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US Temporary Air Ticket Tax Extension Agreed

by Mike Godfrey, Tax-News.com, Washington

09 August 2011


President Barack Obama has signed legislation to extend authority, until September 16 this year, for the United States Internal Revenue Service (IRS) to collect the airline passenger ticket tax and other aviation-related taxes that had expired at midnight on July 22.

The US taxes which have now been extended include the 7.5% passenger ticket tax and flight segment tax of USD3.70 per passenger, together with the passenger facility charge of up to USD4.50 and a federal security charge of USD2.50. It was pointed out that, previously, Congress had extended the taxes up to twenty separate times, without controversy.

Due to the delay, several Federal Aviation Administration (FAA) programmes had also expired. Many airport modernization projects across the country have been halted, and nearly 4,000 FAA personnel, many needed to oversee various aspects of these projects, were furloughed without pay, beginning on July 23.

The extension bill had been unable to be passed before Congress went on vacation due to disagreement between Democrat and Republican politicians. Before the deadline date, in an attempt to protect airport subsidies included in the Essential Air Service (EAS) programmes within the legislation, the Democrat-led Senate failed to approve an extension that the Republican-led House of Representatives had already passed.

The House bill would maintain current funding levels for the FAA, but would also eliminate passenger ticket subsidies at some airports, and limit EAS eligibility to communities that are located 90 or more miles from a large or medium hub airport.

However, following pressure on several fronts, the Senate has been prevailed upon to agree to accept the House bill and to the consequent extension to September 16, 2011. There will be further discussions on the shape of any further renewal when Congress reassembles after the holidays.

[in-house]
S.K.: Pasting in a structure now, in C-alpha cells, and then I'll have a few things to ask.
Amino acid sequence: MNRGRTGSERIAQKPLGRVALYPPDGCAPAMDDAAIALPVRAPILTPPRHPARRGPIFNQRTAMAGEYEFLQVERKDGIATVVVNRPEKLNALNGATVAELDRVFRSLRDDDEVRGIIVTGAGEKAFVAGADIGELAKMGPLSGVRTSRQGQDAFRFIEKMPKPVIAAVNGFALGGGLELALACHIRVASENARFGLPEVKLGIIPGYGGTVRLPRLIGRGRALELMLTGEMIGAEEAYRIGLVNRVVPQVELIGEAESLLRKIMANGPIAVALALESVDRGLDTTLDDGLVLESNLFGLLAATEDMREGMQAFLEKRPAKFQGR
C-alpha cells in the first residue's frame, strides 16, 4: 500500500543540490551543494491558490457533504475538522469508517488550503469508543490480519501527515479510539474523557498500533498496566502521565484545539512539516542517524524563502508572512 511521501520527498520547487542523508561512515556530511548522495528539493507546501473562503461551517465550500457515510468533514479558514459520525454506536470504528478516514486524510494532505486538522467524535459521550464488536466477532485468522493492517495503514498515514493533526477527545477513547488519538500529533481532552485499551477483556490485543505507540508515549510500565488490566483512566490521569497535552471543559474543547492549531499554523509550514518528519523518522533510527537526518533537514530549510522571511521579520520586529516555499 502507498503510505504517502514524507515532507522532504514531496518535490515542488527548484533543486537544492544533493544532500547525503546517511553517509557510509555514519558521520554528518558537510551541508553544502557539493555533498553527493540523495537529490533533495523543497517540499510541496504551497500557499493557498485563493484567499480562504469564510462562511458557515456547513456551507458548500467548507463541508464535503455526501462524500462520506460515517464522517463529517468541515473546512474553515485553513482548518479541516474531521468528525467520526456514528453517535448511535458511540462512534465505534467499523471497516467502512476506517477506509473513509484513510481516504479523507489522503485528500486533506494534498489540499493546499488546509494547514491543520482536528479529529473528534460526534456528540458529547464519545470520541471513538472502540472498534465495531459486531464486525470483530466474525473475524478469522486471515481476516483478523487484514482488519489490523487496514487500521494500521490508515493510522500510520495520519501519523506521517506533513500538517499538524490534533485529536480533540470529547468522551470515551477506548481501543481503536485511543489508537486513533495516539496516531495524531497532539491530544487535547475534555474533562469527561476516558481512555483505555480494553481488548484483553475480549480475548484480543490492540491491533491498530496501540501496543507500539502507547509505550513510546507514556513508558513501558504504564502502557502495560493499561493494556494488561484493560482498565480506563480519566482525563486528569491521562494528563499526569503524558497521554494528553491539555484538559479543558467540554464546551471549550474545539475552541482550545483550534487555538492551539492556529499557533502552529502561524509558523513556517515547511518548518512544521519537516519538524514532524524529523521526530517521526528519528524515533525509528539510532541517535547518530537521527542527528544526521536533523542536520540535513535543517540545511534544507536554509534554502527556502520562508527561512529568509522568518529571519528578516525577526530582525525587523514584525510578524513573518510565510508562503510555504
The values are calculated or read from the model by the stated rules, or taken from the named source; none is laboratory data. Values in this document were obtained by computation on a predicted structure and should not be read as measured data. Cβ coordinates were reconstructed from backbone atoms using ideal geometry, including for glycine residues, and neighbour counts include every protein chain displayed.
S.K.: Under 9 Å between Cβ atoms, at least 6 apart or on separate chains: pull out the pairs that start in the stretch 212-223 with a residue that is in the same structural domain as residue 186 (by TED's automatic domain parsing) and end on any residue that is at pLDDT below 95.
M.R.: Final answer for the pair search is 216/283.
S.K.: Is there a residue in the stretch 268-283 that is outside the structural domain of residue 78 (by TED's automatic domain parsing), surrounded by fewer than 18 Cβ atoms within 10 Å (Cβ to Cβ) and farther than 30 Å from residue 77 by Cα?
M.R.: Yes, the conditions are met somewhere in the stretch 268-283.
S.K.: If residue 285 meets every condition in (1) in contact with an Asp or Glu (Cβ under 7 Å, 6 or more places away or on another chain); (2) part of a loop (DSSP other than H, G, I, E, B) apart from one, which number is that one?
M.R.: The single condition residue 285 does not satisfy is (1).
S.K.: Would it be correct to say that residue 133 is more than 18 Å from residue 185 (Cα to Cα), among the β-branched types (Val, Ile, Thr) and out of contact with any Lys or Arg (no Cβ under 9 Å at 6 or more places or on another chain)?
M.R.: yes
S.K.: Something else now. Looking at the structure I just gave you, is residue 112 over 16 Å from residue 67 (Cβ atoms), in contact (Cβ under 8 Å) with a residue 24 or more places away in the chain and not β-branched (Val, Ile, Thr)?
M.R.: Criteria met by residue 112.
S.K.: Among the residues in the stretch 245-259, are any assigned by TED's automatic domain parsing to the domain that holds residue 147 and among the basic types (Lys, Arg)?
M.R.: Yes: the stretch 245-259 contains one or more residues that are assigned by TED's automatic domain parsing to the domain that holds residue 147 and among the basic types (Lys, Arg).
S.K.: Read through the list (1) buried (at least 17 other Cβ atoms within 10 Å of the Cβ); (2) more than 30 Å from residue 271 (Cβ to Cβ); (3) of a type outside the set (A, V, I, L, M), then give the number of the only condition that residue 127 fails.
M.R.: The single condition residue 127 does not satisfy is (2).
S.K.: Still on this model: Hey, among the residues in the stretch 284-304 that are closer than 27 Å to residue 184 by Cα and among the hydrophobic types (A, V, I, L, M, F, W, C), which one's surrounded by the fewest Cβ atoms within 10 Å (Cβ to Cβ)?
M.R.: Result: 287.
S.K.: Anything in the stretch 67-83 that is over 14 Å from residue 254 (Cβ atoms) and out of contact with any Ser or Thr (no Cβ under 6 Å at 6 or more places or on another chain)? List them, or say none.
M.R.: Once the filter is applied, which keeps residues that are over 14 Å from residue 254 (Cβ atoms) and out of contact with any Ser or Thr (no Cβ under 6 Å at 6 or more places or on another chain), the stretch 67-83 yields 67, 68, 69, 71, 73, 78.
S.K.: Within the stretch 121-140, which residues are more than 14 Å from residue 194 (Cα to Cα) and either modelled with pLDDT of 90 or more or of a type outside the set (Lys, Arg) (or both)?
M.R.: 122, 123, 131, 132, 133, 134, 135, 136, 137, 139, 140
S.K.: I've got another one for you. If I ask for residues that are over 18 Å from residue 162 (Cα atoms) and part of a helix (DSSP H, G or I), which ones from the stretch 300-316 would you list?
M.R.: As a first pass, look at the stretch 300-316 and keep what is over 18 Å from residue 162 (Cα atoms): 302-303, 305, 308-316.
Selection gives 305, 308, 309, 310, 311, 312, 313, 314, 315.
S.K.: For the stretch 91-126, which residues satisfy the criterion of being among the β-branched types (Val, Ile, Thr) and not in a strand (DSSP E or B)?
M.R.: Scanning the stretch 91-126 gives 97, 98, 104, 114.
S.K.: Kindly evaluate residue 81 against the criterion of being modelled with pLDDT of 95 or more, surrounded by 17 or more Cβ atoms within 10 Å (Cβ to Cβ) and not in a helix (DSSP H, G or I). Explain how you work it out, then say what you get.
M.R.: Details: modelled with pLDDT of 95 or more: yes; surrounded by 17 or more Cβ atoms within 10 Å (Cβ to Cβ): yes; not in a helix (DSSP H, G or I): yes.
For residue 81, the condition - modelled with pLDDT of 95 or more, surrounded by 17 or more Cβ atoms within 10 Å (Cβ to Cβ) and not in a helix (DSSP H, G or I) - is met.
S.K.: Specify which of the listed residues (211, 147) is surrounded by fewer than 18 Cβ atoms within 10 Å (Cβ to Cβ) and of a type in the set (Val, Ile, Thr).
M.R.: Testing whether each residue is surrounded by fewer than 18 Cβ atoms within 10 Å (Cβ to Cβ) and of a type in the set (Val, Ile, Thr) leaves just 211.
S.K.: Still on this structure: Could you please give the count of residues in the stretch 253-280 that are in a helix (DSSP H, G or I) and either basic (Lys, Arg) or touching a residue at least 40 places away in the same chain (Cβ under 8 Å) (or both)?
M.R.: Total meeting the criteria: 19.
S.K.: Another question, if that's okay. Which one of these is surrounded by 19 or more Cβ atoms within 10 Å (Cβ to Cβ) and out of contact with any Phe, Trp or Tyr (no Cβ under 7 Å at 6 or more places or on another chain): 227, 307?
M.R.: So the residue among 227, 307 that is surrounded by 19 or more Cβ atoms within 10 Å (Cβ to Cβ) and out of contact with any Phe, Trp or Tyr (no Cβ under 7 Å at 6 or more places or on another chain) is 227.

As Orrin Hatch, the Republican Ranking Member of the Senate Finance Committee, said in a statement: “When it came down to it, losing nearly USD30m per day to protect USD16.5m in subsidies just didn’t make sense. Now it’s time for Congress to get down to work and resolve its differences.”

In a bipartisan letter, Democrats Max Baucus, the Senate Finance Committee Chairman, and Sander Levin, the House Ways and Means Committee Ranking Member, together with Republicans, Orrin Hatch, the Senate Finance Committee Ranking Member, and Dave Camp, the House Ways and Means Committee Chairman, have urged the IRS to use its discretion and authority as it administers the reinstatement of the aviation-related taxes.

They consider that, while the IRS would normally be required to collect lost tax revenue once the FAA resumes normal functions, it should be asked to concentrate on restarting its FAA tax collection systems and processes going forward, rather than collecting ticket taxes retroactively.

“We are concerned about the impact on consumers and the aviation industry if these taxes are collected retroactively,” the Committee leaders wrote to the IRS. “Furthermore, we understand that the IRS has limited resources - some of which will be required to restart systems and processes to begin collecting these taxes again going forward - and that the retroactive collection of trust fund taxes would add further strain to those resources. Therefore, we encourage you to utilize all your discretion and authority to extend relief for passengers and airlines with respect to ticket taxes that were not paid or collected because of the lapse, and provide the industry a three day period of time to restart processes to collect the taxes.”

TAGS: tax | air passenger duty (APD) | law | aviation | Internal Revenue Service (IRS) | travel and tourism | legislation | United States

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